In the past 20 years, we have seen genetic testing go from a million dollar per person investment to a $99 direct-to-consumer kit. The relative accessibility of genetic testing comes with a price, and it is not the price we see at the time of check-out.

As with any medical testing, researchers and scientists in these industries are keen to utilize patient data for population analysis. Much of this work is for the betterment of society and to promote research and development efforts for drug-related clinical trials.

In a recent New York Times editorial, "Why You Should Be Careful About 23andMe's Health Test," the writer(s) make a clear point that disease risk analysis isn't dichotomous. The well-known genetic testing company has met "FDA approval" to roll-out their newest kit for gene-based health risks for diseases such as Alzheimer's, Parkinson's, breast cancer, and several other medical conditions, however, this does not necessarily indicate "clinical utility." Insofar as the physician ordered diagnostic testing, it's actually more robust.

So what good is genetic testing, if there are significant issues, which may allude or delude a person into thinking that they have an increased or decreased risk for a disease which they have no control over, such as degenerative neurological conditions?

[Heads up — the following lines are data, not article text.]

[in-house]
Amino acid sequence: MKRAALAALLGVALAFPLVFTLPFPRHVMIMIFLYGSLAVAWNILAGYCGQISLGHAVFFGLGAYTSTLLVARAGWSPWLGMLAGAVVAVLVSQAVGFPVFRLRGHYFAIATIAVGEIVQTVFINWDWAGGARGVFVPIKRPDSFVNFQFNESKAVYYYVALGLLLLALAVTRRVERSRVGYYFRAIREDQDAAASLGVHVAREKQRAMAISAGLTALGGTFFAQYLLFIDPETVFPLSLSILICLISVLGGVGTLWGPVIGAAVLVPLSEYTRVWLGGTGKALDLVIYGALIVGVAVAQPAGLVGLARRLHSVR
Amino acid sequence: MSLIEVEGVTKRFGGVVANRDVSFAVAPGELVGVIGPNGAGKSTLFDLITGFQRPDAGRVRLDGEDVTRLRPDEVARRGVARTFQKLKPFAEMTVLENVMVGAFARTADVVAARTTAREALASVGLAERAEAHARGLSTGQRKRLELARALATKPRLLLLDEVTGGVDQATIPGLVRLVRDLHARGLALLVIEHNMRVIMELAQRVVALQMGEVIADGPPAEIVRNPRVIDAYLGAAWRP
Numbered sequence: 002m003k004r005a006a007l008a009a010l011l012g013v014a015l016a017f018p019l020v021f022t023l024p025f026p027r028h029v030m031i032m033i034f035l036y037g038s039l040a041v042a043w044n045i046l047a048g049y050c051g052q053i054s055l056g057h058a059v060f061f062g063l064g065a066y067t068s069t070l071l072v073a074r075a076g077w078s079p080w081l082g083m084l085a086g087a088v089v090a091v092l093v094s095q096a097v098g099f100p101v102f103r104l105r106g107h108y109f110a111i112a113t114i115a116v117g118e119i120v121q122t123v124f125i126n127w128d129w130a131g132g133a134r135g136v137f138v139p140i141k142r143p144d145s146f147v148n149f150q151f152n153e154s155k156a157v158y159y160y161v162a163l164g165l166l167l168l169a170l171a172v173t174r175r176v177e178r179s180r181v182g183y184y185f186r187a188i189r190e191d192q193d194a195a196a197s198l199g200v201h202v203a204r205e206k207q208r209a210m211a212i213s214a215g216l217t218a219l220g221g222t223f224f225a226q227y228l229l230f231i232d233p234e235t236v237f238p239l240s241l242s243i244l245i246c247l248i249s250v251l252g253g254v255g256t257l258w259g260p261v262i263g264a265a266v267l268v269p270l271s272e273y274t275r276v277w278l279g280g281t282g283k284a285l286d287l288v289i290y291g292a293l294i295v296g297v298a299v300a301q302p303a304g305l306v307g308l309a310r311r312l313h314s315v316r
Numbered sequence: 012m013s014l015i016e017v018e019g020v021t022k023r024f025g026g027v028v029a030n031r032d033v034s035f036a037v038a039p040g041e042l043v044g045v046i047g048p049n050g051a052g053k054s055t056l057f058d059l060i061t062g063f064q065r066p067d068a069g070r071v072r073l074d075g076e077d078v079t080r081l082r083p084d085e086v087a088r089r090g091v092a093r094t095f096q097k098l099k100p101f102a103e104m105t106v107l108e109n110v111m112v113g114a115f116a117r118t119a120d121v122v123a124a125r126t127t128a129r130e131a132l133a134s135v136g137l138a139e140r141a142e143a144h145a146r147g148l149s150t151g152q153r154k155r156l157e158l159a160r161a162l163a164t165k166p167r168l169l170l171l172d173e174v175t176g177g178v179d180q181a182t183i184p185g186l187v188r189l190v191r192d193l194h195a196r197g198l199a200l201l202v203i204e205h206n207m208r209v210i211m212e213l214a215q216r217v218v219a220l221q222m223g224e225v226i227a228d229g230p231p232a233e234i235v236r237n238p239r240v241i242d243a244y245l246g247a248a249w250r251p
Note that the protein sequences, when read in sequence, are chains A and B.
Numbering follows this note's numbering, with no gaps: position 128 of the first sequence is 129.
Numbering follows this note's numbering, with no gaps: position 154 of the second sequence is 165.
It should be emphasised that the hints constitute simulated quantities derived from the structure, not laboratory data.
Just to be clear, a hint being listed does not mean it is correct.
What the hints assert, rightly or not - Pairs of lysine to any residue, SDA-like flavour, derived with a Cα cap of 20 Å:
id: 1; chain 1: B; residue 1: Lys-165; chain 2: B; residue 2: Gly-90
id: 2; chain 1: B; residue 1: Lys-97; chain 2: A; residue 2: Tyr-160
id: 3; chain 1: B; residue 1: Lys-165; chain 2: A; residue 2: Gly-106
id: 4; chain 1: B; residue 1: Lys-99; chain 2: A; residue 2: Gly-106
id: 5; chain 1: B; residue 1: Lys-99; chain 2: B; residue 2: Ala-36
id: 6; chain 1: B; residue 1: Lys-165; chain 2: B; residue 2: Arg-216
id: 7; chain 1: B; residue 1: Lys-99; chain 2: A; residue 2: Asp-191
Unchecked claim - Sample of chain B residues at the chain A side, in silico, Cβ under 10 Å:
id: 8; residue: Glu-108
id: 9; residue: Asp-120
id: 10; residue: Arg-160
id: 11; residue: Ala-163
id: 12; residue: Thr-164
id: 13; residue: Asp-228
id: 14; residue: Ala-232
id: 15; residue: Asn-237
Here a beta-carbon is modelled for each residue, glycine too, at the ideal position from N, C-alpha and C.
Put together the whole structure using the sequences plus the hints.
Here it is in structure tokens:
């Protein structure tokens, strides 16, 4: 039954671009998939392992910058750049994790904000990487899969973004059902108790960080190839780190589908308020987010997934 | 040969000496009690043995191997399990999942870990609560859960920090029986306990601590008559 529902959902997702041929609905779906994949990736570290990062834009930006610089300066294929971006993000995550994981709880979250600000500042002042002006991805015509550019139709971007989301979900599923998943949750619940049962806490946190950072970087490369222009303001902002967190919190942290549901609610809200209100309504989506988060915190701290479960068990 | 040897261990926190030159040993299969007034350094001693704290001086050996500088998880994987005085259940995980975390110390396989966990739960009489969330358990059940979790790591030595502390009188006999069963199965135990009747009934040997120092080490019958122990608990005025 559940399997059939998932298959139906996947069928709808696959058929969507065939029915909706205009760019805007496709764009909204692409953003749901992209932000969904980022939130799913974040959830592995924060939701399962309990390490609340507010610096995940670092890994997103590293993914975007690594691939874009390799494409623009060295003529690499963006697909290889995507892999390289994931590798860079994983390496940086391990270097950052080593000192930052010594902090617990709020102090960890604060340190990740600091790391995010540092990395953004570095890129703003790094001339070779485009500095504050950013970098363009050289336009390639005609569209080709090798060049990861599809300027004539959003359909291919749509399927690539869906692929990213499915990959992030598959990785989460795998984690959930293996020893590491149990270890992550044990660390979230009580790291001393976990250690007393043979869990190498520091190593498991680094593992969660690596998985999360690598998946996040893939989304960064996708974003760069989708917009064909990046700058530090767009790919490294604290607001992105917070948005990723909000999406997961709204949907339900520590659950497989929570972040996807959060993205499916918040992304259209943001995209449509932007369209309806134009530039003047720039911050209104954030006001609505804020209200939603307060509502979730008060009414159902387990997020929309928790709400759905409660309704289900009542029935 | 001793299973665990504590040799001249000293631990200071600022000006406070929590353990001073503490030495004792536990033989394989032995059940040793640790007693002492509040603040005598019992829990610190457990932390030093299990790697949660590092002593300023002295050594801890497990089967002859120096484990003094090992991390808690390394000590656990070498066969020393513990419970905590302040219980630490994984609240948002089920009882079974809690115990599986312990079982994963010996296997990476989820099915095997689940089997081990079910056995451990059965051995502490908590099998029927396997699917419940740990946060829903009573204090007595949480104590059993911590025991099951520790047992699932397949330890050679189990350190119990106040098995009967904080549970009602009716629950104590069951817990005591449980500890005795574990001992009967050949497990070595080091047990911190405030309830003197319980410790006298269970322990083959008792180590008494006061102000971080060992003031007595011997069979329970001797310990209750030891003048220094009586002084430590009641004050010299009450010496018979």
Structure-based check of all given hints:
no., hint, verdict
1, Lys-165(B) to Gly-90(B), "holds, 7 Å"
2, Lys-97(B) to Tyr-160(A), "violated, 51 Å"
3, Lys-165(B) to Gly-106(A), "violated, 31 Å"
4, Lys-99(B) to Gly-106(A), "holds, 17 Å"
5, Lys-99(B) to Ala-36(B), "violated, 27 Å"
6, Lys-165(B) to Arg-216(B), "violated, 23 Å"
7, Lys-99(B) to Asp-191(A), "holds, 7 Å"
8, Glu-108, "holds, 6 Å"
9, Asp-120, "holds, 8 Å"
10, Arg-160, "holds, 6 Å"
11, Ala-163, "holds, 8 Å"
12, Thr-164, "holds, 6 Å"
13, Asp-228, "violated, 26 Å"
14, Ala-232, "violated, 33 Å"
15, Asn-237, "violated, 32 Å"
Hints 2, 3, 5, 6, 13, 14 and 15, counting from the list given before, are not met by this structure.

Consider also, there are frequent "reclassification" of genetic mutations, as scientific research constantly evolves to understand the vast landscape of the human genome. The implications of "reclassifying" genetic mutations translate to clinical misinformation, and overall inconsistencies between the creators of the kits to the patients, and the physician's, if they are involved in the equation. As it would seem, the results of a genetic test are understood to be the "truth," however, this is a common misunderstanding, which can cause grave medical implications downstream for patients.

Scary to think that a mutation considered to be benign may be considered malignant tomorrow.

How should this shape your view on genetic testing? Whether you have a known family history of a genetic condition or have an unknown carrier status, you should consider speaking to your primary care doctor to discuss the implications of physician-ordered testing kits and or direct-to-consumer kits. Moreover, there are less complicated diseases known as Mendelian conditions which are typically better known and understood, as they are controlled by a single locus in an inheritance pattern.

Additionally, there are board-certified genetic counselors who work alongside physicians, industry labs, and so forth who are trained to educate, inform, and empower patients in terms of their genetic predisposition. Their role in genetic testing is crucial, but as the typical doctor's visit is less than 10 minutes, this does not allow for comprehensive genetic counseling inclusive of all other necessary measures.